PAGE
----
Celebrating the end of a very long six-day work week and the first day of a new month (a month that holds the promise of summer ending, my birthday, and several close friends’ birthdays) with a dinner party for beloved friends is absolutely wonderful. Waking up to the aftermath of seven adults and one toddler roaming through your apartment with plates of food and drinks as they mingle, eat, and get progressively drunker (or progressively sleepier for the under 21 crowd of one) is a less than stellar experience, especially when you are a little hungover. A mostly self-serve meal seems like a brilliant idea, until you are faced with seven serving bowls crusted over with remnants of guacamole (recipe under “What I’m Cooking”), salsa, beans, cheese, etc. Wine glasses and water glasses placed on every random surface in the kitchen boggled my tired, muddled brain and had to be washed in several batches for lack of drying wrack space and my lazy attitude toward hand drying with a dish towel. And the plates, oh my god the plates, caked and crusted with food on both sides after being stacked on the counter instead of soaked in the sink overnight. Where the hell was my maid? And why hadn’t she pick up the errant pieces of lettuce, black beans, and chips that had made their way to the floor and under the chairs and table?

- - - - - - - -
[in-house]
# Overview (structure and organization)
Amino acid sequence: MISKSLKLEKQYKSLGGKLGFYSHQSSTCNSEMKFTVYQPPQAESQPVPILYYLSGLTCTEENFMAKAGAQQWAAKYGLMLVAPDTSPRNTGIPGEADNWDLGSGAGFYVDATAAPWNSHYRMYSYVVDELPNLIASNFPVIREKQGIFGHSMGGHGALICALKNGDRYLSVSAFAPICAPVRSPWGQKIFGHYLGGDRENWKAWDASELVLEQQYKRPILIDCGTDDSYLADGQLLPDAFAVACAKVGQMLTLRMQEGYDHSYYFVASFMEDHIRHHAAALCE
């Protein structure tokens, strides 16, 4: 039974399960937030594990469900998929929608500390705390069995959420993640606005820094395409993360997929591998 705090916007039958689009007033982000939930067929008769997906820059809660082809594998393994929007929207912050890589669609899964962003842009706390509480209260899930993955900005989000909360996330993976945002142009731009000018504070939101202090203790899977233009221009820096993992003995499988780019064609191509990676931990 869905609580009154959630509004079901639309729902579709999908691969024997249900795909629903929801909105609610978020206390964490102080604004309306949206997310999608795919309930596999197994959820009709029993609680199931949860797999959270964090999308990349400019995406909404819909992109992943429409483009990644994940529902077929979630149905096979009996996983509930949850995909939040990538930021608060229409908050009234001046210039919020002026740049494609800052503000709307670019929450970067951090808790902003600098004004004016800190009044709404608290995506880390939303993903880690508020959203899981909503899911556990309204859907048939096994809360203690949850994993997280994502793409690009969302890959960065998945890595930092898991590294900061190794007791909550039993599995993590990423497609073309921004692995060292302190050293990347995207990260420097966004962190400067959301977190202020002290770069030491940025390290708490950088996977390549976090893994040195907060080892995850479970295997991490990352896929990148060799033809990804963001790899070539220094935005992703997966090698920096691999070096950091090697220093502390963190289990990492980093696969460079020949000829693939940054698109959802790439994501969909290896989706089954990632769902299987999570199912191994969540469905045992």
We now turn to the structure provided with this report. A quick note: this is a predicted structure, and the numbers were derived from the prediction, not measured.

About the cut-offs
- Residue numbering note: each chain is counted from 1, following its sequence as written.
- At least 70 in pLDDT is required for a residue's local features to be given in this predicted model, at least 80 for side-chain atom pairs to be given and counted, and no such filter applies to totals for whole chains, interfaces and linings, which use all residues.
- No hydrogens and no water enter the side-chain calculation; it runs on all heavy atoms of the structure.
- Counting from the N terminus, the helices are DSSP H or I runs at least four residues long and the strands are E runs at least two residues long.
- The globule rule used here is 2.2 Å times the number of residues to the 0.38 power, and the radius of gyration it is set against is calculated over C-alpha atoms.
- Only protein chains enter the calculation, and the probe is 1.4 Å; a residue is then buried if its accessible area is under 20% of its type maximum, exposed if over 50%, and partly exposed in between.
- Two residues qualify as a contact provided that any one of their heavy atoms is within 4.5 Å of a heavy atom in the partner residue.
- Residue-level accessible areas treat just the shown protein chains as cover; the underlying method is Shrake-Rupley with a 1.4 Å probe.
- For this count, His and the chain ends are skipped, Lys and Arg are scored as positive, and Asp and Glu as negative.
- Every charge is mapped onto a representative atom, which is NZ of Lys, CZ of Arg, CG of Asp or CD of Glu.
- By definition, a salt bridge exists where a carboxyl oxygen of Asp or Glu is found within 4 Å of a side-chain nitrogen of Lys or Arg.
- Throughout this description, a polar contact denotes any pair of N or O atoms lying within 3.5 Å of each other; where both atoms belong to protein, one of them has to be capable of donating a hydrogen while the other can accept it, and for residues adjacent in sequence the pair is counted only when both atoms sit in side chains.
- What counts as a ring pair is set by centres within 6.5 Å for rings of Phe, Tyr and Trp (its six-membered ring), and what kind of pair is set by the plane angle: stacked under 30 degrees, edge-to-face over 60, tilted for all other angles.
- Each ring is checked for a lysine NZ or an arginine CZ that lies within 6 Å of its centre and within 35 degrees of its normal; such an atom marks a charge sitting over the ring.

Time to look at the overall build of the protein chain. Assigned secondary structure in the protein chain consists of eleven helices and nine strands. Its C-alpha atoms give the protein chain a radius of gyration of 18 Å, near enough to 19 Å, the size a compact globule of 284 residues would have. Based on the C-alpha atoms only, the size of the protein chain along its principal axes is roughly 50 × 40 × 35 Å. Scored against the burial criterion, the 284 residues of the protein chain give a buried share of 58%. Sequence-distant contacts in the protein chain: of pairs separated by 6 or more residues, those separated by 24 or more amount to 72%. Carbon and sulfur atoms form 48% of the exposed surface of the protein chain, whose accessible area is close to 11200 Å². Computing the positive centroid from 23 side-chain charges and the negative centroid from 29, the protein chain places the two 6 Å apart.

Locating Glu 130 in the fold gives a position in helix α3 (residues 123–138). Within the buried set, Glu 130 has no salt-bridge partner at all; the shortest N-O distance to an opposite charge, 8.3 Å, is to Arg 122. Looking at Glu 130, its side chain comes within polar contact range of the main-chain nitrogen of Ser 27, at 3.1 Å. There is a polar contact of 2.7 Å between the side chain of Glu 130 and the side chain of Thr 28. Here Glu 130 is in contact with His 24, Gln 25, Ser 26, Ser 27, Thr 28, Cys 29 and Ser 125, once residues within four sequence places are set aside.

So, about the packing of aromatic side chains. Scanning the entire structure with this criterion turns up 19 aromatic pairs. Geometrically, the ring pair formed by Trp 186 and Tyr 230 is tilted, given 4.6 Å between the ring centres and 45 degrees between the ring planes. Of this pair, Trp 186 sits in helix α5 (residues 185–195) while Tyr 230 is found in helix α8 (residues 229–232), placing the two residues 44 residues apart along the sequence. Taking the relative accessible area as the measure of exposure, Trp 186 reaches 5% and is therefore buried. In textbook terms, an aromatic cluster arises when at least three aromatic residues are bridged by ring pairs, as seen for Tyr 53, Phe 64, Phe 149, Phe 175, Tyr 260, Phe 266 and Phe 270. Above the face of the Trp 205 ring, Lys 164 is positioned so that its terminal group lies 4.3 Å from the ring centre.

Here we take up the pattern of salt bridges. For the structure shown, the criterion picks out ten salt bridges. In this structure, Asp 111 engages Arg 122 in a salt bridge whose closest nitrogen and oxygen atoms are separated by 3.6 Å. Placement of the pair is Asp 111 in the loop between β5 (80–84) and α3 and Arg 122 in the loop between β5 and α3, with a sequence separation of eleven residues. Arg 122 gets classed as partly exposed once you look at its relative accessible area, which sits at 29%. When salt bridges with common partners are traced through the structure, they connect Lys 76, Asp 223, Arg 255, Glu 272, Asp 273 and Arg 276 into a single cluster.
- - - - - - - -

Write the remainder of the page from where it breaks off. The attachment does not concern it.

I recently reread, Hand Wash Cold: Care Instructions for an Ordinary Life by Karen Maezen Miller. Through household chores, just like washing dishes, Miller beautifully shares Zen Buddhist principles and concepts. I quietly recalled Part Two of the book, “The Kitchen: To Study Oneself is to Forget Oneself.” I challenged myself to stay fully present as I washed each dish, scrubbed each countertop and table surface, swept and swiffered the floors, and attempted to make my kitchen and living room/dinning room area look less like a war zone and more like the comfy home it is. As Miller wrote: “Tasks are undertaken not because we want to do them, or like to do them; not because we choose to do them; not because we have suitable talent, temperament, or ingredients; not for reward or appreciation; but simply because it is time. Without thinking, we engage wholly in tending to needs as they appear and, in this way, live with clear purpose and total fulfillment.” My apartment got cleaned, slowly, incrementally, but with great care and attention. I had invited my friends over from a place of love. I had prepared the food and served them from a place of love. And today it was time to clean up…from a place of love. I will lovingly invite my friends over again and limit everyone to one glass and one plate or bowl. There will be one dish served from one serving bowl. Halfway through dinner and halfway through the fourth or fifth bottle of wine we will all forget the rule of one-per-person and I will grumble the next morning before drinking my coffee and proceeding to clean up.